Distilling: Part 3

January 15, 2010


So, now that you have a wash and it has stopped bubbling, it is ready to distill.  First you need to rack it, which just involves siphoning most of it out to leaving behind the yeast sediment on the bottom.  Then take it and put it in your still.  

A basic potstill is made up of a few parts.  The pot is what sits over the heat source and where you put the wash.  In the wash, ethanol (alcohol) is evaporated before water because ethanol boils at 173°F vs. 212°F for water.  The now gaseous alcohol travels through the lyne arm, which is a narrow metal tube that comes out of the top of the pot and goes to the condensor coil.  The condensor coil is coiled metal tubing that sits in ice or cold water, where the gas is re-condensed back into a liquid.  The liquid then comes out the end as distilled alcohol.

So, now that you have some terminology down, fire up the still (preferably over a gas stove/heater because they are easier to control) and bring the batch to somewhere around 180°F.  After a tense period of waiting and talking about how the still is not working, you should start seeing clear liquid coming out the end of the still.  If you see gas coming out of the end, it means that your condensor coil is either not long enough or not cold enough, and you need to fix it to avoid losing more alcohol.  The liquid that comes out of the still first is called the foreshot, and contains acetone, methanol, various esters and aldehydes, which are mostly toxic and should be tossed.  Methanol is what causes hangovers in small quantities and blindness in large quantities.  The boiling point of acetone is 133°F, and methanol at 150°F, which is why they come out first.  There are online calculators that can tell you how much to toss based on the size of the batch, and I generally just double that amount to toss.  For a 3 gallon batch, I generally toss 50-100ml.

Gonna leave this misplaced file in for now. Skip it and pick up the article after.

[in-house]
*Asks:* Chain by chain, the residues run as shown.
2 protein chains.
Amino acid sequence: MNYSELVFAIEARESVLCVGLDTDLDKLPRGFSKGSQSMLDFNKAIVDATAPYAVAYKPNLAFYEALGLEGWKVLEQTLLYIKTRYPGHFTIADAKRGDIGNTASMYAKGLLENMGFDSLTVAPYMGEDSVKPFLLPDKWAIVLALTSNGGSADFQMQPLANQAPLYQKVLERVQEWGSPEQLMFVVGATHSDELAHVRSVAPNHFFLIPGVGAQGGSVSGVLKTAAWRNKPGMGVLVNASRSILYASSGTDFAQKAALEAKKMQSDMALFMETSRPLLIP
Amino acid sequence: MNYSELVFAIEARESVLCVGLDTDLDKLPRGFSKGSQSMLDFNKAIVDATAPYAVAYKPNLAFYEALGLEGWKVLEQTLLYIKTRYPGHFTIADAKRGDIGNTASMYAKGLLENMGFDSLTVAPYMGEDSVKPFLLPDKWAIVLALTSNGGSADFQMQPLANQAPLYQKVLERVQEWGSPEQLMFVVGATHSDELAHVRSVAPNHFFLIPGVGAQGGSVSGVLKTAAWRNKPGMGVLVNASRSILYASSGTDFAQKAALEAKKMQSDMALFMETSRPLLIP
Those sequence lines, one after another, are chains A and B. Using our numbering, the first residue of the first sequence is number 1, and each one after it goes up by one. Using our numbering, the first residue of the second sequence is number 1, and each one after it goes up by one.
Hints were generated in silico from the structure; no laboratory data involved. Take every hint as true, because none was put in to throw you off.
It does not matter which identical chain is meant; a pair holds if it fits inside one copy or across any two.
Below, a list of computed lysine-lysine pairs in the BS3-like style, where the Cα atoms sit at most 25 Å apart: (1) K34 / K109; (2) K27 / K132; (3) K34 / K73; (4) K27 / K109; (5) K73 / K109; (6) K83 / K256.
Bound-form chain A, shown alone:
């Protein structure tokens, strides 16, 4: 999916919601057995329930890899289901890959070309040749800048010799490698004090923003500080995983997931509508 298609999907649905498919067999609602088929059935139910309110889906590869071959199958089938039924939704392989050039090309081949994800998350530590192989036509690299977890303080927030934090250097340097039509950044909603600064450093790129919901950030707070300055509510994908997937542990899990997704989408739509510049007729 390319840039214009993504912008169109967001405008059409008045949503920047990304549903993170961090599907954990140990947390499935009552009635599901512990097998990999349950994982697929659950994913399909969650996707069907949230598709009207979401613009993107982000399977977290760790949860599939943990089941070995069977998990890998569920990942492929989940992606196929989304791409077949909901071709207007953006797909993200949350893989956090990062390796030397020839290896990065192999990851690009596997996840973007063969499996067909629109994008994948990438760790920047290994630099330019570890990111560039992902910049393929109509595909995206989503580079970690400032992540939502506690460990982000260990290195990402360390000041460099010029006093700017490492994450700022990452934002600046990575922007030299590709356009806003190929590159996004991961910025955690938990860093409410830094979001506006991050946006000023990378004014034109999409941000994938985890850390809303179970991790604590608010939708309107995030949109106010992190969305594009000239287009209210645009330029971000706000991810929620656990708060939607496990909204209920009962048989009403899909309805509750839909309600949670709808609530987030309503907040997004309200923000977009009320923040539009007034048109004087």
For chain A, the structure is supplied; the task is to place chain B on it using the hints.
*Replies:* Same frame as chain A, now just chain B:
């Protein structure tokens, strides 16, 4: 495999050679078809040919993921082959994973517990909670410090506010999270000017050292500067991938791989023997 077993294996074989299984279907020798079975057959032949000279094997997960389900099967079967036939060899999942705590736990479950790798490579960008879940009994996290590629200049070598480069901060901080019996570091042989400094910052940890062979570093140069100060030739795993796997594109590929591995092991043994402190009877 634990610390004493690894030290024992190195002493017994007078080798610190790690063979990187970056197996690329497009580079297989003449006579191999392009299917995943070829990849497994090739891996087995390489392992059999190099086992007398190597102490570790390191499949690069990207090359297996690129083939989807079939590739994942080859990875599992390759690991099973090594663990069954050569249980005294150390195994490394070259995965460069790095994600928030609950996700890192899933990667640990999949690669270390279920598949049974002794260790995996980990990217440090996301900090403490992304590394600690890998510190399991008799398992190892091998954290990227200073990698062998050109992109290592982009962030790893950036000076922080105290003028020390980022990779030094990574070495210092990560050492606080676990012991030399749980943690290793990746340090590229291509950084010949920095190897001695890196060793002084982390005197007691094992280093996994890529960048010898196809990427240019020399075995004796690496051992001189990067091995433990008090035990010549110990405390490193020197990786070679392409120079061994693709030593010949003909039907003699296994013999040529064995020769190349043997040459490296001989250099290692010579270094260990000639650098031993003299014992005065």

After that, you should be getting alcohol starting around 140 proof that will lower in concentration as you continue.  You can keep everything that comes out after the foreshot, but it is best to shut the still down when you hit a concentration of about 30% alcohol.  Because it is difficult to measure the alcohol content of hard alcohol, we (we=Nirav) developed a useful trick that gives you good ballpark estimate.  While distilling, periodically set a few drops of collected alcohol aside and see if it will light on fire.  If it does not burn, then you are at a point where you should probably stop the still.  You can also calculate beforehand how much waste and how much distillate you should expect, which is another technique to knowing when to stop.  A third technique is to use hydrometers at all stages of fermentation and distillation to calculate when the batch is done.  Here is a useful calculator for this.

The key to pulling out as much alcohol out of your batch as possible is to keep the water from boiling.  This can be done either with a thermometer or by turning down the heat once it gets going (this gives the alcohol more time to evaporate before the water starts boiling).  The amount of alcohol you end up with can vary drastically depending on how well you kept the temperature and how good your batch was.  I have ended up with anywhere from 2 to 5 wine bottles filled with about 100 proof alcohol from a 3 gallon wash of rum.

While distilling, it is sometimes better to keep the different parts of the batch separate.  Because you get different flavors at different times of the distilling process, if you keep the parts of the distillate separate, you can blend them back together at the end based on taste and smell for a more refined product.

Once you have distilled alcohol, you are nearly done.  All you have to do is water it down to taste (or not) and spice it.  Spicing recipes are totally up to personal preference.  It is best to use solid ingredients over ground ones because you don’t end up with solids at the bottom of the rum that you would have to filter out.  For our rum, we like to add one or two cinnamon sticks, two cloves, two oak chips, and a couple of spoonfuls of molasses and let it sit for about a week before taking the spices out.

One Response to “Distilling: Part 3”

  1. Sabina Heger Says:

    Thanks a lot for putting this up, it had been quite handy and showed me a lot.

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